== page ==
Both stand on their own and do not disappoint.
The book by Doris Kearns Goodwin is appropriately narrated by another woman......
While I wouldn't precisely call LINCOLN .....The Civil War from a woman's perspective....much of it's charm and fascination lies in the "story behind the story" stuff.
The movie will leave you hungry for more.The book explodes with more.
Opening with the day of the "Prairie Lawyer's"nomination Goodwin gives us a very interesting flashback biography of Lincoln and each of his main rivals for the nomination using these biographies to paint a picture of the times,passions and issues of the day.
Then the nomination...........then it REALLY gets interesting.
As and avid history buff I thought I knew a lot about the Civil War.As it turns out I do know a lot. But what I mainly know is about things like The battles of Antietam,The Wilderness,
Bull Run,Gettysburg,Vicksburg and men like Robert E. Lee,Grant,Sherman,Pickett
Stonewall Jackson, etc.
The best analogy I can make is when my wife and I meet another couple,afterwards I can probably tell what the guy does for a living and his favorite sports teams.......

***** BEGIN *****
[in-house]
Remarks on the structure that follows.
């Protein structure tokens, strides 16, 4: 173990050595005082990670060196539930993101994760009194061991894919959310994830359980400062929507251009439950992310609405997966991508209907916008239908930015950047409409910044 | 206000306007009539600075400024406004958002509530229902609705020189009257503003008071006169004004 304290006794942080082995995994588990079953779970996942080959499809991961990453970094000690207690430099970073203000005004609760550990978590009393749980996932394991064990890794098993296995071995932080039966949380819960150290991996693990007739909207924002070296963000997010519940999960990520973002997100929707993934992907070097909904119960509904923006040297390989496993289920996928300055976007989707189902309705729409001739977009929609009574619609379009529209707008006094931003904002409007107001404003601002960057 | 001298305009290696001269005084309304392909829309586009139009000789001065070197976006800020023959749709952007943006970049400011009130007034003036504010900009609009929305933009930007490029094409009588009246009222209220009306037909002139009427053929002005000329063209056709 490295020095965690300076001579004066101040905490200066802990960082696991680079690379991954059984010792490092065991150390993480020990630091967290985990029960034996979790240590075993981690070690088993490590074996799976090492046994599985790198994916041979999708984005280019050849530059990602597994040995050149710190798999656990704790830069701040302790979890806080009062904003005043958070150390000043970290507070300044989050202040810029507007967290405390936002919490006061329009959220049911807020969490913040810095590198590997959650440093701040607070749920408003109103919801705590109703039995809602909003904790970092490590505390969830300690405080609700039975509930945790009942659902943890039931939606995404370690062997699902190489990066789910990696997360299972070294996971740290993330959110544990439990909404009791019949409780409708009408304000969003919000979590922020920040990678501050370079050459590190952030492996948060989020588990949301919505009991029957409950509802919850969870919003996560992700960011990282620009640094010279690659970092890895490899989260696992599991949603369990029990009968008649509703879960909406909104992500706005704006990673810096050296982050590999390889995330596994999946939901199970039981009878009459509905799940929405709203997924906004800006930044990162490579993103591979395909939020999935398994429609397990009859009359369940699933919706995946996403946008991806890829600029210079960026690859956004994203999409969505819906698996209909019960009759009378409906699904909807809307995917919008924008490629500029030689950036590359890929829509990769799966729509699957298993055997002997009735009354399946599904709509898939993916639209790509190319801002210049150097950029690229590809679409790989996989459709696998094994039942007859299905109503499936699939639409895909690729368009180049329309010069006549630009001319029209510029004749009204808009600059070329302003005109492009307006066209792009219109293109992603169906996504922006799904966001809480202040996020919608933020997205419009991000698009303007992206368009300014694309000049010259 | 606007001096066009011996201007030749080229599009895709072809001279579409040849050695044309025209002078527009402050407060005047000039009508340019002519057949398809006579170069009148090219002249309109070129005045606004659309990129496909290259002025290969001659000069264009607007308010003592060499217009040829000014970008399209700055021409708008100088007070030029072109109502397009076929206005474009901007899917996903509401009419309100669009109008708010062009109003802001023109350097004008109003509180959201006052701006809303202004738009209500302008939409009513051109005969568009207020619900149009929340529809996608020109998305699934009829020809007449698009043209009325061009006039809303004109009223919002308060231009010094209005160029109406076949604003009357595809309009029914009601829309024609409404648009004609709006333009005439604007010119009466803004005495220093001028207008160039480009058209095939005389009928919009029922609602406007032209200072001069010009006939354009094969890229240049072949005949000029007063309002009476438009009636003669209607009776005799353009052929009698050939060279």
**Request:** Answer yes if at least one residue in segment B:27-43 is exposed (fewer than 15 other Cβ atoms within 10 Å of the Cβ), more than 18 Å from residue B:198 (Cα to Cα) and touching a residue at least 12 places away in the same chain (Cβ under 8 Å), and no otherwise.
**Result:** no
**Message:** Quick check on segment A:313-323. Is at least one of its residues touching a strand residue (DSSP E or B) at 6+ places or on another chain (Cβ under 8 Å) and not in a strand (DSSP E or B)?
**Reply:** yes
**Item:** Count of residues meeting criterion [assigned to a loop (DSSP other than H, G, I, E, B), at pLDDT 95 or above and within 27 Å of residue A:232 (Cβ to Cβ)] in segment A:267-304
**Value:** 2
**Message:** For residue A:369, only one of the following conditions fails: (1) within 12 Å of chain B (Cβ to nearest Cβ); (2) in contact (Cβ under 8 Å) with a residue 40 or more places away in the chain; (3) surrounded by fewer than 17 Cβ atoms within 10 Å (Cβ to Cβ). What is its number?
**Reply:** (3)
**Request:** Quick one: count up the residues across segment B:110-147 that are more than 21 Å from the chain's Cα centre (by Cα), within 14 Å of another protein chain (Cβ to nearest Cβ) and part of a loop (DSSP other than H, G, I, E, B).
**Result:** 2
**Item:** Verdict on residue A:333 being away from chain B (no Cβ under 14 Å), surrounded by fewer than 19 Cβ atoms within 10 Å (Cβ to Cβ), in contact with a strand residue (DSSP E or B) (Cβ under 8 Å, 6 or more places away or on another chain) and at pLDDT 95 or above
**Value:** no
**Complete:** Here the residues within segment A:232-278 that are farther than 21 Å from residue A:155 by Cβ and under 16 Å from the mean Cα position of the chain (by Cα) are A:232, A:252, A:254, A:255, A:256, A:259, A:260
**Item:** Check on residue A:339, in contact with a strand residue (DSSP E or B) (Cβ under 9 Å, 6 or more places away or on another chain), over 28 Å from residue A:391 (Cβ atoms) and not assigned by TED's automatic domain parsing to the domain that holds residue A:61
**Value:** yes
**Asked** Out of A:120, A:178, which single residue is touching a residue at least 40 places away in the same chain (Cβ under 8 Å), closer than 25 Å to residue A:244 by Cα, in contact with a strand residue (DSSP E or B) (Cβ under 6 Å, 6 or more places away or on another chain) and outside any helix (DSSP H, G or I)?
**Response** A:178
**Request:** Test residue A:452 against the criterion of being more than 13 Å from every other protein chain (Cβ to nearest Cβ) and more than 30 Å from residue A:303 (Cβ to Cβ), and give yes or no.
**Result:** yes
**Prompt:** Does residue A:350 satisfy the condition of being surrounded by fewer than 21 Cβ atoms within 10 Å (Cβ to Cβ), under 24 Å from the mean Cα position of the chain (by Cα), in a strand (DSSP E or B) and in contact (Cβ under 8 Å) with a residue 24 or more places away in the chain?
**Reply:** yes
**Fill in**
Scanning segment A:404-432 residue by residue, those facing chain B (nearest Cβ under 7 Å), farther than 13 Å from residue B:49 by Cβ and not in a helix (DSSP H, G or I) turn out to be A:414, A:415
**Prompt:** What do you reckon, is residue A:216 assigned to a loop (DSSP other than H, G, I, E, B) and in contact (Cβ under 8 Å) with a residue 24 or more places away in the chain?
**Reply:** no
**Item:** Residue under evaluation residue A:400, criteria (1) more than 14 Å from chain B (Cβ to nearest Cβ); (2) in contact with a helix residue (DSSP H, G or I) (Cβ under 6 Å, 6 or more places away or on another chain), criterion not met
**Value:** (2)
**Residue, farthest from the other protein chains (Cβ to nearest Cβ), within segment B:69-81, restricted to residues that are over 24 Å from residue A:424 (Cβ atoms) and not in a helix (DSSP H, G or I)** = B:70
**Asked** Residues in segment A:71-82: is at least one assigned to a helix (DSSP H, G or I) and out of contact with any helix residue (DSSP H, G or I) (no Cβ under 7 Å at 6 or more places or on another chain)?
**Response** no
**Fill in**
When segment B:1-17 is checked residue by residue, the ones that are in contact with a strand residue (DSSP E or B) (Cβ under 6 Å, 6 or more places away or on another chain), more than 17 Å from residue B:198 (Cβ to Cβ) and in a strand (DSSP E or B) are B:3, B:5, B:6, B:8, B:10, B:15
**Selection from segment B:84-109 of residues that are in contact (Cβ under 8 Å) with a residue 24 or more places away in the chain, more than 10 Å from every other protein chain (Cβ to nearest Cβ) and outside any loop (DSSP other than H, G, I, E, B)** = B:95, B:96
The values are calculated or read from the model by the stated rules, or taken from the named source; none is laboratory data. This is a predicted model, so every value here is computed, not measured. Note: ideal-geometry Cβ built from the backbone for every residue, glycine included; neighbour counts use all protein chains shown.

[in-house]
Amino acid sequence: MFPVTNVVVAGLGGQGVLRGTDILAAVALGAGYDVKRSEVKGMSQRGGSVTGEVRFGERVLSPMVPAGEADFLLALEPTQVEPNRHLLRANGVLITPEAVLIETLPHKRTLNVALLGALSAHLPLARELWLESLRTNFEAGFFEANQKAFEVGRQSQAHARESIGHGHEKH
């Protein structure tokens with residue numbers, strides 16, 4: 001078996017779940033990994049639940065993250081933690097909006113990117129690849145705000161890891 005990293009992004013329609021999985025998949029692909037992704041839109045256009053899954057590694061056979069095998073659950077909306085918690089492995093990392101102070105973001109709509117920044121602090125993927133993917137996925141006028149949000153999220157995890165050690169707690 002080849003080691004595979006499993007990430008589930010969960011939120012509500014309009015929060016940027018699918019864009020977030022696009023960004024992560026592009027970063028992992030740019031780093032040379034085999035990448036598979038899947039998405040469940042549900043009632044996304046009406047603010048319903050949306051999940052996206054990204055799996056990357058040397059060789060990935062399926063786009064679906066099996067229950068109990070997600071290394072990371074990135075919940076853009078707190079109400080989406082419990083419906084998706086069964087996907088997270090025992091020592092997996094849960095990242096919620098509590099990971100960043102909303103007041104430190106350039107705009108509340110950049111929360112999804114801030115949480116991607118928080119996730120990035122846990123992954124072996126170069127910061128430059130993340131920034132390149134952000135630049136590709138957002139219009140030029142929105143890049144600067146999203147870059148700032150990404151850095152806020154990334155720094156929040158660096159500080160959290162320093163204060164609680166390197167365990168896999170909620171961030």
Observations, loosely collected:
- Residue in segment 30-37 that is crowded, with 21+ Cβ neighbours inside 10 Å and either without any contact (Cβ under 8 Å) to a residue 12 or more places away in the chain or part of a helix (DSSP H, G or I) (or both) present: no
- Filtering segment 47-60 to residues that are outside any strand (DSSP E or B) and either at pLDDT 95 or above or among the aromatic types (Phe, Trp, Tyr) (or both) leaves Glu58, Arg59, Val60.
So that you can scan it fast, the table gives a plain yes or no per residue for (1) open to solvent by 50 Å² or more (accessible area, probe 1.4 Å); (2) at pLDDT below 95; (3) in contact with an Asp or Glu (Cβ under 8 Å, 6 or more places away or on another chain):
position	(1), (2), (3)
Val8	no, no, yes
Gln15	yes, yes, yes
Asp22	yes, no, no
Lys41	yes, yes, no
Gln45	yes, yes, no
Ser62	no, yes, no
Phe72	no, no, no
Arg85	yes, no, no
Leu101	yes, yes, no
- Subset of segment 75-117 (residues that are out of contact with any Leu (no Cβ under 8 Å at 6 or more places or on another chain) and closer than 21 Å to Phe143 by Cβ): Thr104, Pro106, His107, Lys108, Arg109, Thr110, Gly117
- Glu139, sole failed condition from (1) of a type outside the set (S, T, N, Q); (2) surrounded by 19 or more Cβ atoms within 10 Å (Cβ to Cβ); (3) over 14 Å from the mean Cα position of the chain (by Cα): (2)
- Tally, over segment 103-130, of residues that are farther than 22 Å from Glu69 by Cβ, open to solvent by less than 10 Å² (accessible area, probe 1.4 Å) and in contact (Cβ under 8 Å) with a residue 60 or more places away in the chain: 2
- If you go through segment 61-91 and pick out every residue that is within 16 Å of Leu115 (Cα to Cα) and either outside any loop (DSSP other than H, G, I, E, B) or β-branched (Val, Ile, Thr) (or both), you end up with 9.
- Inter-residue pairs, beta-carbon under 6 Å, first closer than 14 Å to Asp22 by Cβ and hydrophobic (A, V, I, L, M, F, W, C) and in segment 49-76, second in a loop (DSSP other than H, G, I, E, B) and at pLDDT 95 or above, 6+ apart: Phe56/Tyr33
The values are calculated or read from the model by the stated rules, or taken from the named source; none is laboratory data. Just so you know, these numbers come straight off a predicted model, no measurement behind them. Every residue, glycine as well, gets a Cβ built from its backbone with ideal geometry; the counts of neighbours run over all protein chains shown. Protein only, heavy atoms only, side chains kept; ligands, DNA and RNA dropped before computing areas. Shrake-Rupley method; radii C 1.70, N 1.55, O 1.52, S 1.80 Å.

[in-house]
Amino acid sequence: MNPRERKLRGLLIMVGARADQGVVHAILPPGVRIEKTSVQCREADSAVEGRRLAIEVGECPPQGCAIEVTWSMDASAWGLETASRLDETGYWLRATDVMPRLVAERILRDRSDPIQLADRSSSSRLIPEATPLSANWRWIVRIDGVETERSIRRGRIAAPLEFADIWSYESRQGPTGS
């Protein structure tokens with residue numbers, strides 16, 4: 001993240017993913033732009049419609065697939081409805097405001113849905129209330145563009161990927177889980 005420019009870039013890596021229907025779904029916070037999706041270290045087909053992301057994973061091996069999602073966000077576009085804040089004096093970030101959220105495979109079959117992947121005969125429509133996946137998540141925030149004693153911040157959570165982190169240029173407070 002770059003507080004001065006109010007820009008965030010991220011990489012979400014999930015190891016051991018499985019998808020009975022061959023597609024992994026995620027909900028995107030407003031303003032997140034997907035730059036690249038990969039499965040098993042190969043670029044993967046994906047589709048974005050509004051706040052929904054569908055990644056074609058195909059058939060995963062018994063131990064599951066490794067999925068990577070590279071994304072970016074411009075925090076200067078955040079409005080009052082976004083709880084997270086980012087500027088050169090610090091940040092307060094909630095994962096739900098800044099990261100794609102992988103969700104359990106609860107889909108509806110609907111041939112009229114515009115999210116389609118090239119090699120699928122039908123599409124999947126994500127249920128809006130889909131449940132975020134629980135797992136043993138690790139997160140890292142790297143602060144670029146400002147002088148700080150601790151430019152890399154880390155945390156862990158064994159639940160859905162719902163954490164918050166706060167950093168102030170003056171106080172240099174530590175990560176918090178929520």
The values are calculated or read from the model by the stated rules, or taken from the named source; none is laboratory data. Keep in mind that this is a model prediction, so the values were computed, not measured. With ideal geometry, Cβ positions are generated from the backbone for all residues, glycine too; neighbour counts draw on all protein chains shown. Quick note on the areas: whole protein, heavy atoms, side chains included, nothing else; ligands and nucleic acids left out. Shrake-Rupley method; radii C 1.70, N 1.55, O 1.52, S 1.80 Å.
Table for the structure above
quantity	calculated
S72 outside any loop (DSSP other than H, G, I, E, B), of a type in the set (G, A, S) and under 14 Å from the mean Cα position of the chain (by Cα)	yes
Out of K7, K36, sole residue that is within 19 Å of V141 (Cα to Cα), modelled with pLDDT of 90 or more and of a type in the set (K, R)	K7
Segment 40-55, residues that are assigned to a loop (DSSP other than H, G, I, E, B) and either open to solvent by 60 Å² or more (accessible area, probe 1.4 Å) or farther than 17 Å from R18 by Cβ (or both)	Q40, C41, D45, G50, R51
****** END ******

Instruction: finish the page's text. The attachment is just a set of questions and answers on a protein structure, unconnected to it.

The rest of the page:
My wife will know how many kids,grandkids ,their ages and names,how many times they've each been married,why they divorced and a host of family problems from drinking to
autism..........AND..... the other wife knows similar things about us.
Now as a man I admit I like hearing about this stuff,I just don't KNOW any of it.
Well in Lincoln,Goodwin gives you this stuff in spades !! Nobody is a BAD person,they are just people with both good and bad traits[Like Us].Indeed ,that's exactly the way Abraham Lincoln viewed people.What's great about this book is that you get all this while getting a masterful depiction of the what,where, who and why of what it was like during and after the rise to prominence of Abraham Lincoln.
One other observation is that..... when you hear and see all the political denunciations, wrangling,backbiting,grudging compromises,incompetence and corruption back then.... you realize................
 Things haven't changed very much.
 The importance of good leadership
...........and most important.................
everyday citizens need to be both informed and involved in their government or things can and will get worse.
The movie "Lincoln" doesn't compare to this book. Even though the movie was ostensibly based on 'Team of Rivals', the book is much more insightful and broader in its portrayal and analysis of Lincoln's "political genius." Kearns also captures the mindsets and motivations of Lincoln's rivals for the 1860 Republican nomination with incredible detail bringing the story to life. Excellent book.